Ali Zaidi is the White House Office of Management and Budget’s associate director for natural resources, energy, and science. In this role, Zaidi leads a team of policy and budget experts overseeing a wide array of policy, budget, and management issues across a nearly $100 billion portfolio and a number of federal agencies including the Departments of Energy, Agriculture, and the Interior; the Environmental Protection Agency; the National Aeronautics and Space Administration; the Army Corps of Engineers’ civil works; and the National Science Foundation. Zaidi brings to the position a strong background in the design and implementation of federal policies and the development of public and private sector partnerships to increase US energy security and cut harmful carbon pollution. In his previous role, as the Domestic Policy Council’s deputy director for energy policy, Zaidi handled a wide range of issues on the White House’s domestic policy team. Since February 2009, Zaidi has served in a number of roles within the Obama Administration: Before his position at the White House Domestic Policy Council, he served as senior director for cabinet affairs at the White House. Zaidi has also served as a policy aide to the US Energy Secretary Steven Chu and as special projects coordinator at the White House Office of Management and Budget.

David L. Goldwyn is the chairman of the Global Energy Center's Advisory Group, a nonresident senior fellow with the Atlantic Council's Adrienne Arsht Latin America Center, and president of Goldwyn Global Strategies, LLC, an international energy advisory consultancy. He served as the US Department of State's special envoy and coordinator for international energy affairs from 2009 to 2011, reporting directly to Secretary of State Hillary Clinton. Goldwyn served the US government as assistant secretary of energy for international affairs (1999-2001), counselor to the secretary of energy (1998-99); national security deputy to US Ambassador to the United Nations Bill Richardson (1997-98); chief of staff to the undersecretary of state for political affairs (1993-97); and an attorney-adviser in the Office of the Legal Adviser at the State Department (1991-92). Goldwyn has also served as chairman of the Global Energy and Environment Initiative at Johns Hopkins University School of Advanced International Studies (2008-09) and as a senior associate in the Energy Program at the Center for Strategic and International Studies (2001-09). Goldwyn was a member of the Council on Foreign Relations 2007 Independent Task Force on National Security Consequences of US Oil Dependency and the Council of Foreign Relations Center for Preventive Action task forces on Angola, Nigeria, Bolivia, Venezuela, and Russia. Goldwyn has taught graduate seminars at Columbia and Georgetown Universities. He holds a BA in government from Georgetown University, an MA in public affairs from the Woodrow Wilson School of Public and International Affairs at Princeton University, and a JD from New York University School of Law.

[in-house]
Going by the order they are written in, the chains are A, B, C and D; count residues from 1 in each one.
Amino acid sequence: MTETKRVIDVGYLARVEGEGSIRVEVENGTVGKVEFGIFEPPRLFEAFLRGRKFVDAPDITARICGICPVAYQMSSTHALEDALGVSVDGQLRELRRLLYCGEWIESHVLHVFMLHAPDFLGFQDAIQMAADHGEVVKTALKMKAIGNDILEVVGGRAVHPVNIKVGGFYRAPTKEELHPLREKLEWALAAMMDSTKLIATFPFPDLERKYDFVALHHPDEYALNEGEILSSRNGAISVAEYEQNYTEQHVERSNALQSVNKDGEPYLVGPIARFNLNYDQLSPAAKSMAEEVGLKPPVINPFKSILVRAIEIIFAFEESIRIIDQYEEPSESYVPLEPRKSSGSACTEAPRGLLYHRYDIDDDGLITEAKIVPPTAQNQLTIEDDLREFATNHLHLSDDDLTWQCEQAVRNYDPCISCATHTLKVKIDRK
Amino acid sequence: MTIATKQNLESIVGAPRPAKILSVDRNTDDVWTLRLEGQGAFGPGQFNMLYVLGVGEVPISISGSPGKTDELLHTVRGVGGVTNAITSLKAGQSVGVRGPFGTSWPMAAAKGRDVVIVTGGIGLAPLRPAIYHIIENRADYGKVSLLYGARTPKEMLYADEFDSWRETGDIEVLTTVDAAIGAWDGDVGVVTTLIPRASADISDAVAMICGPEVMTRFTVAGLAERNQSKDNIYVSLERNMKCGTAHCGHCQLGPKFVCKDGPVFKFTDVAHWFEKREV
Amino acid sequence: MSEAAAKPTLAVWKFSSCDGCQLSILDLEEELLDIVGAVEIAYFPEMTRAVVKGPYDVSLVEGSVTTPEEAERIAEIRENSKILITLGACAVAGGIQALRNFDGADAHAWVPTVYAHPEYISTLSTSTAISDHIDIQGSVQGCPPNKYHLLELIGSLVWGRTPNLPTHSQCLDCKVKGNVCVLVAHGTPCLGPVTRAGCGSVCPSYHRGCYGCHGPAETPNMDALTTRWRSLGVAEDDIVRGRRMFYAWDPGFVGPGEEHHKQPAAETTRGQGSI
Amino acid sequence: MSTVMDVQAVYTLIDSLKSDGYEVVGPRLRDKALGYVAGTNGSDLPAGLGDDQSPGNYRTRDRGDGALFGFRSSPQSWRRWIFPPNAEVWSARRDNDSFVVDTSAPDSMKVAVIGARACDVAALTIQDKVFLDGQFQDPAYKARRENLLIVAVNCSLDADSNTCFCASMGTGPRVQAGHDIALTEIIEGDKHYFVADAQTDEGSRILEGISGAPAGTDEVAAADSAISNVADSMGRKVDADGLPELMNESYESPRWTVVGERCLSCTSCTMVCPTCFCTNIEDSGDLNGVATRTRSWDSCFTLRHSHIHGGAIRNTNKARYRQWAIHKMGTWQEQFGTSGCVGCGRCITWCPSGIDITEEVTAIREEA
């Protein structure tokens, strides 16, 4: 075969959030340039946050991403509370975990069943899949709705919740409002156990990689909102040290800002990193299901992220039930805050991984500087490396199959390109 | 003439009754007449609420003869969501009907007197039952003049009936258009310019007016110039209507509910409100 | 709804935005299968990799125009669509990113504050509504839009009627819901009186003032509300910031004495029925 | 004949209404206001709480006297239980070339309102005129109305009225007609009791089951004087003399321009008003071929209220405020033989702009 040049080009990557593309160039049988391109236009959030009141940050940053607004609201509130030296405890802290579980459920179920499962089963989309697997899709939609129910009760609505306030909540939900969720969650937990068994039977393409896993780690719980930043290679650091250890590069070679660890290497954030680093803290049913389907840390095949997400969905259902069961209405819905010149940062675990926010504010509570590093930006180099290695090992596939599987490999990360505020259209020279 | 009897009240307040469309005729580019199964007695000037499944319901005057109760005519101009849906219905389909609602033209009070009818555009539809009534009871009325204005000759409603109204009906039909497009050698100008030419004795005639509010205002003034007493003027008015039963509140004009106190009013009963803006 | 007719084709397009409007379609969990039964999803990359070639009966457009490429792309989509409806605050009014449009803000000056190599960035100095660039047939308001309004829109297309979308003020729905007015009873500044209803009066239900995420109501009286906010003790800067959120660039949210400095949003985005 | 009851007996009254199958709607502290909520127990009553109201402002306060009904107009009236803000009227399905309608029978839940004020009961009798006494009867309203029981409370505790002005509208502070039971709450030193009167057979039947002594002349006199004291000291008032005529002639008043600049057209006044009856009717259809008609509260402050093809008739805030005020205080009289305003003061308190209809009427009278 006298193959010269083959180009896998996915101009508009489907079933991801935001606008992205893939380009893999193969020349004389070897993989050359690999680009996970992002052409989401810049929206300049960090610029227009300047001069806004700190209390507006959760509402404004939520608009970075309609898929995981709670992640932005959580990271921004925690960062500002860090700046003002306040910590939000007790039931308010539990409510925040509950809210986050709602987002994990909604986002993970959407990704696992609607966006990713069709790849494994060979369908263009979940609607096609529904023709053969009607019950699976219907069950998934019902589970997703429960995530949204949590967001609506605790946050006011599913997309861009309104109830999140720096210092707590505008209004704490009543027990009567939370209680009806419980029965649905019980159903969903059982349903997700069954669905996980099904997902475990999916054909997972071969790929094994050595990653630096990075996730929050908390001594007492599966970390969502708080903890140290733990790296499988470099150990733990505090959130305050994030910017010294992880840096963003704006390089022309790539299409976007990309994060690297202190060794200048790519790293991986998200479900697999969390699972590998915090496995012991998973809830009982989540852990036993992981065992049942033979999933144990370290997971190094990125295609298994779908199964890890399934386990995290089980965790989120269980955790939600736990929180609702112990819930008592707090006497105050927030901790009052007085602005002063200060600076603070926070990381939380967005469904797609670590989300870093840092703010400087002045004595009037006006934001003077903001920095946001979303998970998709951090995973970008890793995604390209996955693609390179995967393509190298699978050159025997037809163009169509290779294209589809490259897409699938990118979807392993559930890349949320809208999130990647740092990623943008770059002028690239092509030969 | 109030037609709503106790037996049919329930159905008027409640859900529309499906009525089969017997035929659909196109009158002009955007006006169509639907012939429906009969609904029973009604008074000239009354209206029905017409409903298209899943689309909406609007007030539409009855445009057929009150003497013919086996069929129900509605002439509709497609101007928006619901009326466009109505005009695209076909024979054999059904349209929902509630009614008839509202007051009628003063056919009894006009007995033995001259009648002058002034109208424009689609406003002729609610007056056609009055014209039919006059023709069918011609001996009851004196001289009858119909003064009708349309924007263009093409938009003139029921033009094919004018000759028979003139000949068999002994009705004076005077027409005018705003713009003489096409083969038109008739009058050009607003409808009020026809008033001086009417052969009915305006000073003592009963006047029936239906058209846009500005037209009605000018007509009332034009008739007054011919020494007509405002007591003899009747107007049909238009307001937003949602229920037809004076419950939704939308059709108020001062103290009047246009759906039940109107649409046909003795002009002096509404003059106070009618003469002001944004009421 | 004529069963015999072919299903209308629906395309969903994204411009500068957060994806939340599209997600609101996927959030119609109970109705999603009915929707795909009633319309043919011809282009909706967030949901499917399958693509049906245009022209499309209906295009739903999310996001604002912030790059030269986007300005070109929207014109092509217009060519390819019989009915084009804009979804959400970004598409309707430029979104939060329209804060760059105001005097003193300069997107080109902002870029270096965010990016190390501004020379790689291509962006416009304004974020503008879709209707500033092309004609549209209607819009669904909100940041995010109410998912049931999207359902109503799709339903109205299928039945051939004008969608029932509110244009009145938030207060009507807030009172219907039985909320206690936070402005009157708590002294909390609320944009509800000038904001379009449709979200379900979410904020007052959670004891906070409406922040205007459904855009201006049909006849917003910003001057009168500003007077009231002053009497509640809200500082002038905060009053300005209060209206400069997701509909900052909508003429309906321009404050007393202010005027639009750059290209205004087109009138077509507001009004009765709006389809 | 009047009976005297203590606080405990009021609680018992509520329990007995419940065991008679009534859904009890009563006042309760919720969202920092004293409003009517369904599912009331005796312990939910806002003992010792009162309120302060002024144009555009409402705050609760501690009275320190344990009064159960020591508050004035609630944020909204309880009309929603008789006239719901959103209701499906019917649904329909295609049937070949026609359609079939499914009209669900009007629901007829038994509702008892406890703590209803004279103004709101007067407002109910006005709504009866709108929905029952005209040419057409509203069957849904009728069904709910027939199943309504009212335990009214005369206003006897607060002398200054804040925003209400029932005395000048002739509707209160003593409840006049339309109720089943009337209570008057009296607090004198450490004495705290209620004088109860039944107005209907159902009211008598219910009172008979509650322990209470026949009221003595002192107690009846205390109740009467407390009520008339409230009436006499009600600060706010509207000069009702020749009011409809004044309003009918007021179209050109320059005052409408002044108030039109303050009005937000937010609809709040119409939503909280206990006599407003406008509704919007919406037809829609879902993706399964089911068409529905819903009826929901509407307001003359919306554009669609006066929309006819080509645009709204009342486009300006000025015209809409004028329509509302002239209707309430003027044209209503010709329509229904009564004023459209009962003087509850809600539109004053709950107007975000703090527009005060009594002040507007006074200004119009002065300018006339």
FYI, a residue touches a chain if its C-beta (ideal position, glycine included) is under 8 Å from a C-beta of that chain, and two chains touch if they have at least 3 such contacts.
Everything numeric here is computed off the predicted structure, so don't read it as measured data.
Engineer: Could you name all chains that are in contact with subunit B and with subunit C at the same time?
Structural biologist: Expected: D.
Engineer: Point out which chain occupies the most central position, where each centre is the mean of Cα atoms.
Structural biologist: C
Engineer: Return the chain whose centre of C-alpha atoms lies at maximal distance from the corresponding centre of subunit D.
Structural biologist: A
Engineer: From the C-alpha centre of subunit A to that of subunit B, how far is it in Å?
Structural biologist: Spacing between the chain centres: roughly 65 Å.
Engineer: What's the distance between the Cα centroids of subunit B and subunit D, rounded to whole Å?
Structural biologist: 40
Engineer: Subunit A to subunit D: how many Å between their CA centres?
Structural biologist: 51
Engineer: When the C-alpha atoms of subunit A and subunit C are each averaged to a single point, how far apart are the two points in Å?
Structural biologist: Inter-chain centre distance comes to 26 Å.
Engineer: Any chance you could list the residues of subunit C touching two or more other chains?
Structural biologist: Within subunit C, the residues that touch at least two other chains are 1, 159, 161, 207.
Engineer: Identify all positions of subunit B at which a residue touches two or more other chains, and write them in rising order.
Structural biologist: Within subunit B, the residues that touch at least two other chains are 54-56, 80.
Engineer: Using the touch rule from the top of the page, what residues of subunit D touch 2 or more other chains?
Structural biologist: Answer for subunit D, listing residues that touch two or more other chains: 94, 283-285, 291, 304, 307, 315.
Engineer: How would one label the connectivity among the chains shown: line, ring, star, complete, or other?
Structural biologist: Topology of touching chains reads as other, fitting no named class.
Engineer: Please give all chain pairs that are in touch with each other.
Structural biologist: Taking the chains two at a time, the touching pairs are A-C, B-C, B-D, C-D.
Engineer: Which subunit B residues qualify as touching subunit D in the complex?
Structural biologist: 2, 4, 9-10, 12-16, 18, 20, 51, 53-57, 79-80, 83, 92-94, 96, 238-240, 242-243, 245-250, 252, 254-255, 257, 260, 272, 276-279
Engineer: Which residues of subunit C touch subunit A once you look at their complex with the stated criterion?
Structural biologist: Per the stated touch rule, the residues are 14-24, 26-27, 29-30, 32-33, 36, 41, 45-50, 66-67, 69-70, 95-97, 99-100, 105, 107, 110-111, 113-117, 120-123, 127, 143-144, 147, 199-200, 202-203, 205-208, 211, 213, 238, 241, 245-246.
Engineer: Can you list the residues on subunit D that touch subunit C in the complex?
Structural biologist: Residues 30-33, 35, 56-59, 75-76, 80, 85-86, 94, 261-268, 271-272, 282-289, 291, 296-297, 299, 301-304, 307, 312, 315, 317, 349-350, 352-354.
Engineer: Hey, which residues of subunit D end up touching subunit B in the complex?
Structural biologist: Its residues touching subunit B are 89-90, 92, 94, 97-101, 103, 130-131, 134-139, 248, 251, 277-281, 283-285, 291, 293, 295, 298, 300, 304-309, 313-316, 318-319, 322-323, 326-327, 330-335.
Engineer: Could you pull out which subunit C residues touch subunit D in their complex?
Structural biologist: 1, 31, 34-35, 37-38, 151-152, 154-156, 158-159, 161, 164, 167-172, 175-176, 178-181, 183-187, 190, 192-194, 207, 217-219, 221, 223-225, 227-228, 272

Thomas Cunningham is deputy director of the Global Energy Center at the Atlantic Council. He joined the council following a thirteen-year career at the US Department of State, where he most recently served as energy diplomacy team lead for Europe at the Bureau of Energy Resources (August 2013 to May 2016). In that role he advised the special envoy and coordinator for international energy affairs and other senior US government officials on the intersection of energy and foreign policy in Europe and had lead department responsibility for organizing meetings of the US-EU Energy Council. He has also served at the State Department in the Bureaus of International Narcotics and Law Enforcement Affairs, European and Eurasian Affairs, Economic and Business Affairs, and Diplomatic Security. Mr. Cunningham also worked on climate and energy legislation in the US Senate as a Brookings legislative fellow in 2009. He holds an MA in German and European studies from Georgetown University and a BA in English/creative writing and French from Colorado College. Mr. Cunningham is an adjunct instructor at Georgetown University’s School of Foreign Service.